This woman might as well have had a gun to my head. Granted, she wasn’t saying I had to give up these two elixirs forever, just for a month. But still. The only good part of that conversation is that hard liquor (spirits) might still be okay to drink instead of wine. I grasped desperately at the idea that scotch could get me through this deprivation.

As we spoke, the practitioner took notes for my treatment plan. Then she asked if I was open to the idea of acupuncture. I agreed, so she laid me down on a table. She made me stick out my tongue so she could see the color of it, etc. Then she took my pulse in both wrists. Then came the needles.

I didn’t want to watch. I also don’t watch when I get shots. I’d rather not see sharp things approaching my skin. During television news stories about the importance of flu shots, I cannot watch as other people get shots, either.

As I looked up at the ceiling tiles, she inserted seven thin, stainless steel needles into my wrists, lower legs, and feet. It hurt a little bit, but not as much as I was expecting. On a scale of ten, they were about a three. She flicked the needles as she inserted them.

She said she was going to leave to write up my treatment plan. She asked if I would like some music while I waited. When I asked how long it would take, she said fifteen minutes. “Yes, music, please!”

The practitioner exited, leaving me alone with seven long needles sticking out of my body. Well, not having the courage to look at them, I didn’t know they were so long at first. Eventually, I lifted my head and looked at my wrist. A needle stuck about three inches out of it!

I put my head back down, fighting the urge to rise up, tear out all the needles, and get the heck outta there.

“Breathe,” I told myself. “Relax. This is supposed to help you.”

I tried to concentrate on the music (Carlos Nakai flute music, BTW.) That worked for a while, but then I just had to look at my legs. Mistake! The urge to flee came back.

I laid back down and fought it. I tried to meditate, with limited success. I tried to write this blog post in my head, but that made me concentrate on the feeling of the needles and how to describe it.

My right wrist was developing a deep ache. A nerve in my calf twitched. Was this normal? I began to wish the practitioner was in the room so I could ask her. What if my leg cramped up? If I called for help, would she hear me?

I did not like the being left alone part.

After a long fifteen minutes, she came back and took the needles out. I expected her to ask how I felt, but she didn’t. When I sat up and she noticed me rubbing my wrist, she asked if it hurt. I told her it was a deep ache. She said that meant there was a blockage, and suggested I rub the pain out through my hand, not back toward my body.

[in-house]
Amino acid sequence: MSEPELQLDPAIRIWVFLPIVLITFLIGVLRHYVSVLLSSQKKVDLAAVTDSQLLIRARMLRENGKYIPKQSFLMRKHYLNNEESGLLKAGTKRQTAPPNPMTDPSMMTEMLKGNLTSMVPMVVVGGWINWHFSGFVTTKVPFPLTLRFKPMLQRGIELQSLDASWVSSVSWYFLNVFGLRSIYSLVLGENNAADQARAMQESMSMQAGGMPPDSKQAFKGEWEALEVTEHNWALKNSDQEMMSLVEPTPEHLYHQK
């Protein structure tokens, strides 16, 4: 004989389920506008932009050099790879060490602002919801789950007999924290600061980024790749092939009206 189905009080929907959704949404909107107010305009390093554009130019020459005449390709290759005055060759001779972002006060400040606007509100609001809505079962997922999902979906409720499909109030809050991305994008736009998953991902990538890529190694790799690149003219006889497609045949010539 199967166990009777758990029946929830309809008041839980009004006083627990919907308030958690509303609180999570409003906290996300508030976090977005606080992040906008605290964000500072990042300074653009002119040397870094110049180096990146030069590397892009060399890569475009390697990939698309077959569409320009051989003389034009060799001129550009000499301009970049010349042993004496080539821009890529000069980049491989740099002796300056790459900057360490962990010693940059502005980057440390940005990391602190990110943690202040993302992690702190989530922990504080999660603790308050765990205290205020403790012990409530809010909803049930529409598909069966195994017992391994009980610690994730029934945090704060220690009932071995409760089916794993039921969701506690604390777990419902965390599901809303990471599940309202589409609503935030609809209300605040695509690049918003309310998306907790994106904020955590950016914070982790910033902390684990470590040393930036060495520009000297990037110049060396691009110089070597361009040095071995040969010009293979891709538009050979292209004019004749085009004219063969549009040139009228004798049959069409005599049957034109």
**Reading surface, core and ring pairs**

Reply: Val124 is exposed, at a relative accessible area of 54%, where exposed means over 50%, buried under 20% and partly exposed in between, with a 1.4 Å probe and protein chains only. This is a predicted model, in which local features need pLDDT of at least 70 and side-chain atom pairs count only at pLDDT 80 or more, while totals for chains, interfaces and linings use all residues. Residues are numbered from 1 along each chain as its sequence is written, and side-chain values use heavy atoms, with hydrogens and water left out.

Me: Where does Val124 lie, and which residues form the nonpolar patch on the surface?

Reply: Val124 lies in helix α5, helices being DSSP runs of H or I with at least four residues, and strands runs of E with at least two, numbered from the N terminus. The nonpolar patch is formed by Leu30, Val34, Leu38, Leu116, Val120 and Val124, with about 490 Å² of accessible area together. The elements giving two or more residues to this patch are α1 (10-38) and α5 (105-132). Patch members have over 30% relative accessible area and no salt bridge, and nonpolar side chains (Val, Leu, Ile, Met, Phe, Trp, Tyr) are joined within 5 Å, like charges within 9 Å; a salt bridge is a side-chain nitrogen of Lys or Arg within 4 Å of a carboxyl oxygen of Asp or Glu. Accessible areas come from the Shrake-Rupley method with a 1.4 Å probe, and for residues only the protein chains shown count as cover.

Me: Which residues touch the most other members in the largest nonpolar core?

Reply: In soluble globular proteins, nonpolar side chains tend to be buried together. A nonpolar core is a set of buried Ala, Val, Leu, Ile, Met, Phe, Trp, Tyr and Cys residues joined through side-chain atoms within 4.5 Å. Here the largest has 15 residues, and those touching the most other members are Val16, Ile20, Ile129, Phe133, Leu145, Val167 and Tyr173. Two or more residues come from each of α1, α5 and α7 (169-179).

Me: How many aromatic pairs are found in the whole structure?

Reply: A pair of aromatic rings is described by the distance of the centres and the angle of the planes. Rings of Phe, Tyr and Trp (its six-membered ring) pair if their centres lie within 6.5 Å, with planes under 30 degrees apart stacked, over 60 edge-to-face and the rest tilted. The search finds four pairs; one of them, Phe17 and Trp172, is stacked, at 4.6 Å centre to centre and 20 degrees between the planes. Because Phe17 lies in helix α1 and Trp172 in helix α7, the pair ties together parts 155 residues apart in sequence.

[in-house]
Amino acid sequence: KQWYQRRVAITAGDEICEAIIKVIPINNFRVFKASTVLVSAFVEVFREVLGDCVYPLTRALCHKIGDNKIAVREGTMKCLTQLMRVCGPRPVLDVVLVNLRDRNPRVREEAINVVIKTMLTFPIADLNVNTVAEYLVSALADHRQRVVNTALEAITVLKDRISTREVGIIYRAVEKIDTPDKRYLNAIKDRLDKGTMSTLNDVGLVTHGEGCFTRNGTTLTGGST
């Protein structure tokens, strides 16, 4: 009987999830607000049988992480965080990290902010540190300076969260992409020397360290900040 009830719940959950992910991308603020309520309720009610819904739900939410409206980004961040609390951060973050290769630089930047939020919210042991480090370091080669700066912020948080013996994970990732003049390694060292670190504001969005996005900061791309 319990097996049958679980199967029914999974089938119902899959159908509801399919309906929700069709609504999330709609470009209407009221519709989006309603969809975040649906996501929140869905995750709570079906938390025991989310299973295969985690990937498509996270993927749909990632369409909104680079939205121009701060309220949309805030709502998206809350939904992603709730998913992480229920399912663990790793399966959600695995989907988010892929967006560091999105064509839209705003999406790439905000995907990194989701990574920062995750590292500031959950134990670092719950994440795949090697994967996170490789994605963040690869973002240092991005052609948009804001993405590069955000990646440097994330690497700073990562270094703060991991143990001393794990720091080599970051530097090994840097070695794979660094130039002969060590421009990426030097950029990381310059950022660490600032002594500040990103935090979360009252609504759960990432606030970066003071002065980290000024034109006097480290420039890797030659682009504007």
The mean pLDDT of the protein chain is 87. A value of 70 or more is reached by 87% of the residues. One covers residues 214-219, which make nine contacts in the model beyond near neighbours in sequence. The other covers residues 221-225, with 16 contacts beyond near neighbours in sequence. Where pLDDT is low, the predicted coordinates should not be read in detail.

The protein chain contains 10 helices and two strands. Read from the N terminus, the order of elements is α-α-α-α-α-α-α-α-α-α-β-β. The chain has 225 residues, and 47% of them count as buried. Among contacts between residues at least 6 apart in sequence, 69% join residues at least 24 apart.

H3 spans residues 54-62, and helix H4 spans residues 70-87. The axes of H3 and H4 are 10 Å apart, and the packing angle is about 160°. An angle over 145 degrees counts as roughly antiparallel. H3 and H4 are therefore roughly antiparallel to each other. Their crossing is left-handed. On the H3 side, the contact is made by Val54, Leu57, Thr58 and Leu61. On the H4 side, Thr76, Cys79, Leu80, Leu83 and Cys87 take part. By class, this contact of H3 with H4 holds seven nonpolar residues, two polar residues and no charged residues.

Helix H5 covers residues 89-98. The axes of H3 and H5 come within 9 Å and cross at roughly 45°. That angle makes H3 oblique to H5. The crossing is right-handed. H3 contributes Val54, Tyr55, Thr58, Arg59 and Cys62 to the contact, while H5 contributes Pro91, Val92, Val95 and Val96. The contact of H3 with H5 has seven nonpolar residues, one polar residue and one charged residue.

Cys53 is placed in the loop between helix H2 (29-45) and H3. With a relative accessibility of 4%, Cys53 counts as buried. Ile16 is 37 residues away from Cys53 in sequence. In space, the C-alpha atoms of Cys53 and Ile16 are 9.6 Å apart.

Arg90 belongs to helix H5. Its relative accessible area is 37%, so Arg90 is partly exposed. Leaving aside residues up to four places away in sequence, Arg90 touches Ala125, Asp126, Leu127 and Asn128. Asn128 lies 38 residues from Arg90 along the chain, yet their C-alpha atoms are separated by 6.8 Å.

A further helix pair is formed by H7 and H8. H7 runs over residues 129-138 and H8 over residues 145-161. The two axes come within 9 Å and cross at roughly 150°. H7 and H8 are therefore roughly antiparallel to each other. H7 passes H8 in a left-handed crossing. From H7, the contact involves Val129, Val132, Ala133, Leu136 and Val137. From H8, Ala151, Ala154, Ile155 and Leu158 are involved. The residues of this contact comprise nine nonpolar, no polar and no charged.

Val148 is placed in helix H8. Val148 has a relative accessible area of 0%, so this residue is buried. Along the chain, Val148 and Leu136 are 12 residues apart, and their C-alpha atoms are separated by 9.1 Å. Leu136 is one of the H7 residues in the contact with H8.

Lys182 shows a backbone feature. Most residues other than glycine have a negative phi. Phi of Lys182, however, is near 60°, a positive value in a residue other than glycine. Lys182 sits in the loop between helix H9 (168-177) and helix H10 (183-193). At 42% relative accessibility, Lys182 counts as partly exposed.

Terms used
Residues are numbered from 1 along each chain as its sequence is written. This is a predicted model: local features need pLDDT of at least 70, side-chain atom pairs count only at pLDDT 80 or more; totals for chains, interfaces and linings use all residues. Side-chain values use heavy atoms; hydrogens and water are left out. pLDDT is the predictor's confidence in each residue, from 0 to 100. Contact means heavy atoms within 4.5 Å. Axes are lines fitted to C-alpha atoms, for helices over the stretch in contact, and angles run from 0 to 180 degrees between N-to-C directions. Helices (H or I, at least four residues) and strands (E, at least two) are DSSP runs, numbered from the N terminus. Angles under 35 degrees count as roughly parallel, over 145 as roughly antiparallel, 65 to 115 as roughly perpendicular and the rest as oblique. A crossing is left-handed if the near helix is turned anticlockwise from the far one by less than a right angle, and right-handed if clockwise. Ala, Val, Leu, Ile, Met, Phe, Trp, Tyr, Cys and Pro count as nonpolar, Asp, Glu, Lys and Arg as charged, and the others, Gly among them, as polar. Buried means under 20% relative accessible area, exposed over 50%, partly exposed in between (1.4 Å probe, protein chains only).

I could hardly tell where the needles had been. There was no blood, just some tiny discolorations that disappeared quickly. I felt fairly normal and was able to walk down the hall to her office just fine.

There she gave me a different herbal supplement than the one I’d had before. We talked about a follow-up visit. I paid and was on my way.

Once I was back home, I had a hot flash, but it wasn’t as powerful as before. That night, I had another, but it was at a different time than usual and didn’t last as long. I felt more rested than before when I awoke.

Today is the next day. I just read a research study that says acupuncture has been scientifically proven effective to help menopausal sleep disturbances, which is reassuring.

It’s too soon to say definitively if it is helping me. That will take time. I’ll let you know if it does!

In the meantime, I’m glad I resisted my urges to flee the acupuncture table. That would definitely not have been helpful. Time for some scotch.

* * *

UPDATE: Two months later, what’s the verdict?

During the first week or so, I thought the treatment wasn’t working. It involved an acupuncture session and herbal supplements to take later. Then I realized I wasn’t taking the proper dose of the supplements. When I fixed that, things seemed to improve.

I’ve done well avoiding chocolate, as the acupuncturist suggested. Not so well avoiding wine, but I have cut back quite a bit.

I went back for a follow-up session a few weeks ago. This time, she wanted to stick her needles a few new places to help my allergies and my stuffy sinuses. She asked me if she could stick some needles in my face.

Let me say that again: MY FACE. Stupidly, I said yes. I LET HER STICK NEEDLES IN MY FACE. Specifically, I let her stick two needles in that space between my upper lip and my nose. (Also known as the philtrum.)

I felt nothing with the first needle. I felt the second needle go in, plus she twisted it a bit. She also stuck a needle in the TOP OF MY HEAD. That one started to sting.